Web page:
Upcoming Events & News / HoS Blog

China Review

Fantastic China Trip!

China - Sheer Scale and Spectacle.  

As we waited backstage for our introductions, we felt like excited Olympic athletes waiting to be announced as the Canadian contingent in the opening procession. It was our second day in China and to our pleasant surprise, we were a part of a fantastic International Student Festival with participants from around the world.  On the first day, there was a large opening ceremony, complete with dancers, music, speeches and fireworks. Wow, what a performance.

The sheer spectacle of this ceremony was incredible. I have never observed this scale of presentation at a student performance.  The costumes were truly of professional quality, rivaling that of a major international games. The sound system was deafening and the financial investment staggering. When we arrived, we walked through a 10-foot high LCD tunnel hallway that was essentially a surround high definition television that was 20 meters long. Something you might experience at an international pavilion.

This "red carpet" treatment set the tone for the rest of our memorable experience.

A very successful trip!

-In session visitation by a group of Chinese students to Aberdeen Hall in May 2018

-Aberdeen Hall students (12-14) attend Greentown School's International Student Festival in November 2018

-Summer camp visits Summer 2018

-Greentown serving as a feeder school for 1-2 high quality international students for Grades 9 or 10.  

Presentation went well-Phew!

My presentation went well and received very good reviews from the hosts, as well as from the newspaper. I have to admit that it was a little intimidating presenting to a room full of principals from around the globe, but I felt confident that if I did something different, it would resonate with the audience. With this in mind, I made sure that my presentation was high energy, interactive and noticeably different than the two power point presentations that preceded me. On a humorous note, I had a couple of jokes worked into the presentation and even had some prep time beforehand with the translators to assist them with the translations. When I delivered the jokes, the English half gave me a good little chuckle, all the while receiving absolutely nothing from the Chinese half, not even a stir. In fact, this happened twice! (dying up here...lost in translation I suspect.)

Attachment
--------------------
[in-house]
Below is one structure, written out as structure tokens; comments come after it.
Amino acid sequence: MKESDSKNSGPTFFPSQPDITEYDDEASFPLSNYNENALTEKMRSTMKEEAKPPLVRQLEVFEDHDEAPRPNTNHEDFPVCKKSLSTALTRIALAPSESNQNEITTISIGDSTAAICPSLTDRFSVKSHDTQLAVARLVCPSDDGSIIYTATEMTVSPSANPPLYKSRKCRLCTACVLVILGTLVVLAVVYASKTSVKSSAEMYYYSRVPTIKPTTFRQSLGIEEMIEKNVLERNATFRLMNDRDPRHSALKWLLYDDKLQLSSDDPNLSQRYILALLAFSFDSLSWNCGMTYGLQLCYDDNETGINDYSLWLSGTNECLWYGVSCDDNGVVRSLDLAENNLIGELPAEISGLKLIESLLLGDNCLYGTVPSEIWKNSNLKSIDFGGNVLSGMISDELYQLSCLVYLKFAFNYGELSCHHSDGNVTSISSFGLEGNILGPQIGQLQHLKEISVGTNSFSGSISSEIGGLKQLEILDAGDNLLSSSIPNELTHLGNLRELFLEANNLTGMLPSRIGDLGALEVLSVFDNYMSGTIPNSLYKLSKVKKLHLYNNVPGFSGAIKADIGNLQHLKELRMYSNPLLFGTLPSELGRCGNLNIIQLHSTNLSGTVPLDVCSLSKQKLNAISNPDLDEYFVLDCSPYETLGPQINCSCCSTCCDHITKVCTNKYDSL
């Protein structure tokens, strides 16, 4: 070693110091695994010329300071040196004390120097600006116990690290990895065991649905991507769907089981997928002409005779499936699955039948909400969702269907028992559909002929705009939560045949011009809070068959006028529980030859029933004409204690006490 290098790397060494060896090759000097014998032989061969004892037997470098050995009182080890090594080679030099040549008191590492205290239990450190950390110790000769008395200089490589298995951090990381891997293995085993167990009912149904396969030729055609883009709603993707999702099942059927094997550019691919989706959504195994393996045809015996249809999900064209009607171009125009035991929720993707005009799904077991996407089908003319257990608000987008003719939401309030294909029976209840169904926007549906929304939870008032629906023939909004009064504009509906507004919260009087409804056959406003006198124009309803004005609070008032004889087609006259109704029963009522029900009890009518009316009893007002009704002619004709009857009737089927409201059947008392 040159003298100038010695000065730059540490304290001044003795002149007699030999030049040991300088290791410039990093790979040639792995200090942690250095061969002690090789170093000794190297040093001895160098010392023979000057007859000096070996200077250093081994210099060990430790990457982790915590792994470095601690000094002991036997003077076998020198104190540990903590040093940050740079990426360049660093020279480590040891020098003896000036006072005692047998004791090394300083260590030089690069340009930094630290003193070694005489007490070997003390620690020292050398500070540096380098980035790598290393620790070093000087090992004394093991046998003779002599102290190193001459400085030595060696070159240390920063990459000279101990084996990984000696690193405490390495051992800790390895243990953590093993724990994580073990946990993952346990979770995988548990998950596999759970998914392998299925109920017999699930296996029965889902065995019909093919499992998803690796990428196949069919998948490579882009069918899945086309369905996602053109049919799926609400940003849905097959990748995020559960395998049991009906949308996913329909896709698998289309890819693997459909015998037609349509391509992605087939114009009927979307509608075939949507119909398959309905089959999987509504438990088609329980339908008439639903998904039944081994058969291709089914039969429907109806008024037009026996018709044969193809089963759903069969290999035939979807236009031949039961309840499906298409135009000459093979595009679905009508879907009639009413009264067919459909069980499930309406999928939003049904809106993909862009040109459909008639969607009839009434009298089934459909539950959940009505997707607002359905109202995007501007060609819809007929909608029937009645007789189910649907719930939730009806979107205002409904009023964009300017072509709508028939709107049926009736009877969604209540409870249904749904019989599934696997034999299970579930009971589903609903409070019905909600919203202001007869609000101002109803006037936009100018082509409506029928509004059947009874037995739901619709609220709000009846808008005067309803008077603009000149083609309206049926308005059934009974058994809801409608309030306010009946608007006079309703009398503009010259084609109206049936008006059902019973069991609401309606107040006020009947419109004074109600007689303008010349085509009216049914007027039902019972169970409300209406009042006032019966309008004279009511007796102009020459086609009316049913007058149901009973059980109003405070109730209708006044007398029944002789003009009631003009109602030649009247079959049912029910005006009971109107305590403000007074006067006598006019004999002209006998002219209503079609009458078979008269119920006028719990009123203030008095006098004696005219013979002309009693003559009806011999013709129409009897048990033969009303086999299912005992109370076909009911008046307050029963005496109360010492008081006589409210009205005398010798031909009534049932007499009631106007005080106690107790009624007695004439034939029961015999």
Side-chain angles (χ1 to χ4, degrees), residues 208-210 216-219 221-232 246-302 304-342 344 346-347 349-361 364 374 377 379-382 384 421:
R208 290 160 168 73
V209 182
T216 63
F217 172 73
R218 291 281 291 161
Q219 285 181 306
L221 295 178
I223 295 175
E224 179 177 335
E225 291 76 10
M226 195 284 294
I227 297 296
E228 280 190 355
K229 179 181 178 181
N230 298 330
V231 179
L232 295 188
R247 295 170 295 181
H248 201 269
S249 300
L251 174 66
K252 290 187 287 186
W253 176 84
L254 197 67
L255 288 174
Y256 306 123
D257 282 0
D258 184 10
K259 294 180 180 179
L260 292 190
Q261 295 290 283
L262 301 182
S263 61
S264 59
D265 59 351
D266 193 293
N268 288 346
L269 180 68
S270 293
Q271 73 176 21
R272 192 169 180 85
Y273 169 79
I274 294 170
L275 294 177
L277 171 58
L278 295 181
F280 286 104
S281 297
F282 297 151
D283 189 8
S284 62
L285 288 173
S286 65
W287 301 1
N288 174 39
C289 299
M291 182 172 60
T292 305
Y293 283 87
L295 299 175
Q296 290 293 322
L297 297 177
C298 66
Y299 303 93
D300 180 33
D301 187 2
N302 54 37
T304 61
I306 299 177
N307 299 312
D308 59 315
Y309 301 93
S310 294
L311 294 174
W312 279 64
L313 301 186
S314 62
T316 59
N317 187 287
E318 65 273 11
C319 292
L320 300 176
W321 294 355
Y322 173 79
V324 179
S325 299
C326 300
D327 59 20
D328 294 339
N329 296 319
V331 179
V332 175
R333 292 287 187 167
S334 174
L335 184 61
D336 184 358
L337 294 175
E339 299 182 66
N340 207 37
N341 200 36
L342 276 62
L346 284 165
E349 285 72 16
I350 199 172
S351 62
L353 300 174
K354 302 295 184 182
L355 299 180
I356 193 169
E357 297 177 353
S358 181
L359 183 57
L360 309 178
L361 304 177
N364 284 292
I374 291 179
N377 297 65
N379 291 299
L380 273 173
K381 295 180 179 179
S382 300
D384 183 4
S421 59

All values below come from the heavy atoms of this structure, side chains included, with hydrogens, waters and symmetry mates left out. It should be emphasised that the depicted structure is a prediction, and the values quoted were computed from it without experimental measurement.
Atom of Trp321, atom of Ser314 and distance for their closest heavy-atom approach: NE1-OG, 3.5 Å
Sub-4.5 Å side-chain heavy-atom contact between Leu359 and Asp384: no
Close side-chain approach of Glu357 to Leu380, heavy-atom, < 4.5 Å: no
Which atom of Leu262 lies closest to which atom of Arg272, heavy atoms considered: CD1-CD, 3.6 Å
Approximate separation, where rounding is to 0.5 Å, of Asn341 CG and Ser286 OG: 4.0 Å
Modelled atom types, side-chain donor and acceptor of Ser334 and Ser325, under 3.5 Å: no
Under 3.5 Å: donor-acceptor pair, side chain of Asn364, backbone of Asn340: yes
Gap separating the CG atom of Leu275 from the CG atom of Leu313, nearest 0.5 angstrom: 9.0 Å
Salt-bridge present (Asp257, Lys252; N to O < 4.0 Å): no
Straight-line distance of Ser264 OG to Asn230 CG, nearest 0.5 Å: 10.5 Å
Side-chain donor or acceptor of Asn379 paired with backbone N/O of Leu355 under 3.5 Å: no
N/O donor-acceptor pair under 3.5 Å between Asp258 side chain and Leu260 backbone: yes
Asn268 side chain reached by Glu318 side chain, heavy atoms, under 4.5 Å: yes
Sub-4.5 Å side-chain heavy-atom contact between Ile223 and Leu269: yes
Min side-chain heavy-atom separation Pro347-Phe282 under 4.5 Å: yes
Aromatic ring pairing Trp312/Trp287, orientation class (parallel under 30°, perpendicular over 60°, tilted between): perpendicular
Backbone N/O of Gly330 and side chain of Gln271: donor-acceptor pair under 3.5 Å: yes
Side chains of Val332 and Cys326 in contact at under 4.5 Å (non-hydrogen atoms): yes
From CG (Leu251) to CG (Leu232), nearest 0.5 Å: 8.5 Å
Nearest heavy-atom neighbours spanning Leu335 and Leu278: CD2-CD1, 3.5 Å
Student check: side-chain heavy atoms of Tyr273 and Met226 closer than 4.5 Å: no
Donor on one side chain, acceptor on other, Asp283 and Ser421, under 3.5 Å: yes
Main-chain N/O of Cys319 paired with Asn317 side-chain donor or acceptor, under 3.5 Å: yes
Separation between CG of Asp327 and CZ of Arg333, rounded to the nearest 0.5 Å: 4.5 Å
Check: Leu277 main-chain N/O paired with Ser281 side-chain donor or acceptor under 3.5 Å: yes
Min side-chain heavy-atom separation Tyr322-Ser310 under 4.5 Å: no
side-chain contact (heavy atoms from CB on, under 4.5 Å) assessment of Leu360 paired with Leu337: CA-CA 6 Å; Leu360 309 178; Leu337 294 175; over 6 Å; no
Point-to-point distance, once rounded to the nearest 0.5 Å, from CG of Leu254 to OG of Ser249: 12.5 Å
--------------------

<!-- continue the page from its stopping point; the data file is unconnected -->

In addition to the opening ceremonies, we were treated to further student presentations at the Soccer Academy and Martial Arts/Kung Fu School. These highly specialized academies have the top Chinese students from the surrounding provinces who train for 2-4 hours daily in their selected sport. China has ambitious plans to climb the world ranks in men's soccer. A few years ago, the government partnered with industry and created a soccer academy affectionately called "The Football School" and attracted the best 330 teenage players from northern China. If we see them start to medal at the major games in the next 10 years, I can guarantee that some of the athletes will come out of this academy as the skill level was incredible. The scale by which China approaches its projects is astonishing.

Cranes, cranes everywhere! Homes for 1.4 billion and counting.